Caroline has exhibited work in the UK and USA, and has public artwork on permanent display in New York and Vermont.
Alongside her artistic practice, Caroline is also an educator; at the moment she is teaching at secondary school, previously she has lectured at the University of North Carolina at Greensboro and Forsyth Technical Community College, USA. She is also involved in community outreach: in Greensboro, NC she coordinated a free art program for immigrant teens, and currently in the UK she runs art workshops at Hospice in the Weald.
OTFORD ROMAN VILLA
By Kevin Fromings, Director of Discover Roman Otford Project
A couple of hundred metres to the northeast of the church in the picturesque Kentish village of Otford, something much older than the surrounding buildings is emerging from beneath the surface of a former hop garden. Church Field Roman villa was discovered in 2012 by geophysical survey, and has turned out to rival its nearest neighbour (the well-known villa at Lullingstone) by being at least twice the size. Discover Roman Otford Project have been working at the site since 2015 to unlock its secrets, and increase our knowledge of the area in Roman times.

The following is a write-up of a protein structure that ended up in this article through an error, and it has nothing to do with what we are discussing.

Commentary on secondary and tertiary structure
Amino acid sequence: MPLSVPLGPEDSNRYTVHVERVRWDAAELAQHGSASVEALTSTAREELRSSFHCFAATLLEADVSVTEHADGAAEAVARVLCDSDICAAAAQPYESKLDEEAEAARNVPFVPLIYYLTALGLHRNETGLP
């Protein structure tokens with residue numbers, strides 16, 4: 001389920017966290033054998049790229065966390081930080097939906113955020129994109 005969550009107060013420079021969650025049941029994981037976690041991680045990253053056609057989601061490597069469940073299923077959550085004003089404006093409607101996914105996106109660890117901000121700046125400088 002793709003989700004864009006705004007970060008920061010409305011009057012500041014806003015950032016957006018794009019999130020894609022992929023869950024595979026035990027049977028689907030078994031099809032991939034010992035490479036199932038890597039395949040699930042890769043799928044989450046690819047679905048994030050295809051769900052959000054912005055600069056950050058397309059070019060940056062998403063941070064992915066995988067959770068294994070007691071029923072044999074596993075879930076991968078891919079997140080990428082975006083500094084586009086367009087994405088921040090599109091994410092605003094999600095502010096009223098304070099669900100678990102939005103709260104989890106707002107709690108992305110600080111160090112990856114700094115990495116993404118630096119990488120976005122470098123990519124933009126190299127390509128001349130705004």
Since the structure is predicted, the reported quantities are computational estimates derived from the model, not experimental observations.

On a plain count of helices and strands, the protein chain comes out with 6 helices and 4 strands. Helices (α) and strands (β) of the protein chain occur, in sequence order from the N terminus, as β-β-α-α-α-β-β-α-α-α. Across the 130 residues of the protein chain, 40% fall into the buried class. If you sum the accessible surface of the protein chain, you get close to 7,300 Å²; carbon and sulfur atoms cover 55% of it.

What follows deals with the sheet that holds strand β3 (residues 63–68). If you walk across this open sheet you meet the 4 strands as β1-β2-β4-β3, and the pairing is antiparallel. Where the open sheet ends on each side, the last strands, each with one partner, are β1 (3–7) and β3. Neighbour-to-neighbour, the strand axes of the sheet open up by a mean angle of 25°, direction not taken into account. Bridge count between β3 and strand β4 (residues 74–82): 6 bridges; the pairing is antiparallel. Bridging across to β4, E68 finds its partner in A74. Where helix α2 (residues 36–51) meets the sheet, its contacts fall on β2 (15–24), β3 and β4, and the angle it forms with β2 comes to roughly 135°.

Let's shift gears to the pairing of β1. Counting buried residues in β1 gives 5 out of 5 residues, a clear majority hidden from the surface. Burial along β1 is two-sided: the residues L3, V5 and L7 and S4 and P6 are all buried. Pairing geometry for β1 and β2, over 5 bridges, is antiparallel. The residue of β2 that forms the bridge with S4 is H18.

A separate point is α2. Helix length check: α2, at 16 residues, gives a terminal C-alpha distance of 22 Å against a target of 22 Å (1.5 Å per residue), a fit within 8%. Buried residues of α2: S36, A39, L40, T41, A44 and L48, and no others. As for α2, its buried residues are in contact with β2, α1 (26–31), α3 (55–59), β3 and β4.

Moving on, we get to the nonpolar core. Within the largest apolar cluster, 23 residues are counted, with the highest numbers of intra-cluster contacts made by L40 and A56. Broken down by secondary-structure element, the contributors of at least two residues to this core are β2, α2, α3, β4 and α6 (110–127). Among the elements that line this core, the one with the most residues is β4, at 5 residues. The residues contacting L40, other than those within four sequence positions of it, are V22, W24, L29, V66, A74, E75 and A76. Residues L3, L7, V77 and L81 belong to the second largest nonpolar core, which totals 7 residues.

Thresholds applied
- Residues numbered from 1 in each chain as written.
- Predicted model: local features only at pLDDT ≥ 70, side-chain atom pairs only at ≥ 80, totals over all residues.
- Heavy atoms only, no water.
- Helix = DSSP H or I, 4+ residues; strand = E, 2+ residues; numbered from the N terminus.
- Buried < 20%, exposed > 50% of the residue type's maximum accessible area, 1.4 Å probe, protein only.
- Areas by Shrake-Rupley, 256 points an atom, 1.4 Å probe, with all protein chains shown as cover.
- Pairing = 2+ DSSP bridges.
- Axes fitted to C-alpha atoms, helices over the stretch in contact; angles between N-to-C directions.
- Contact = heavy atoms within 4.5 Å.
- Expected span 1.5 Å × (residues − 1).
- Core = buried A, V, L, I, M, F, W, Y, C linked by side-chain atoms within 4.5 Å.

Otford appears to have been at the hub of several important trading routes, with access via the river Darent to the Thames, and thence on to London or the continent. The villa reflects this importance in its scale and layout. By April 2021 we had uncovered about a third of the site, and excavated 14 rooms and corridors. From finds on the site we can date the building’s occupation to about 220-400AD.
Several of the rooms had painted wall plaster, some of which appear to depict rural scenes as opposed to just geometric patterns. The floors that remain consist of a hard cement (opus signinum), with traces of red non-decorative mosaic tiles (tesserae) in some of the corridors. At least two ranges of rooms were built around a large courtyard/garden, with a verandah; rather like a medieval cloister. There also appears to have been a small private garden separating the east wing from the main suite of rooms.
This east range contains at least two rooms with an underfloor heating system (hypocaust), and many flue tiles have been found with decorative patterns combed into them to key in wall plaster. One of these heated rooms may have been a winter dining room, as the smaller room adjoining it has a tiled floor and appears to have been a kitchen. The room on the other side of this kitchen is the largest room so far excavated, and was possible an audience chamber, coupled with a summer dining room. Unfortunately the original floor to this room does not exist, but may have contained a decorative mosaic, as it seems to be the only floor surface that has been completely removed.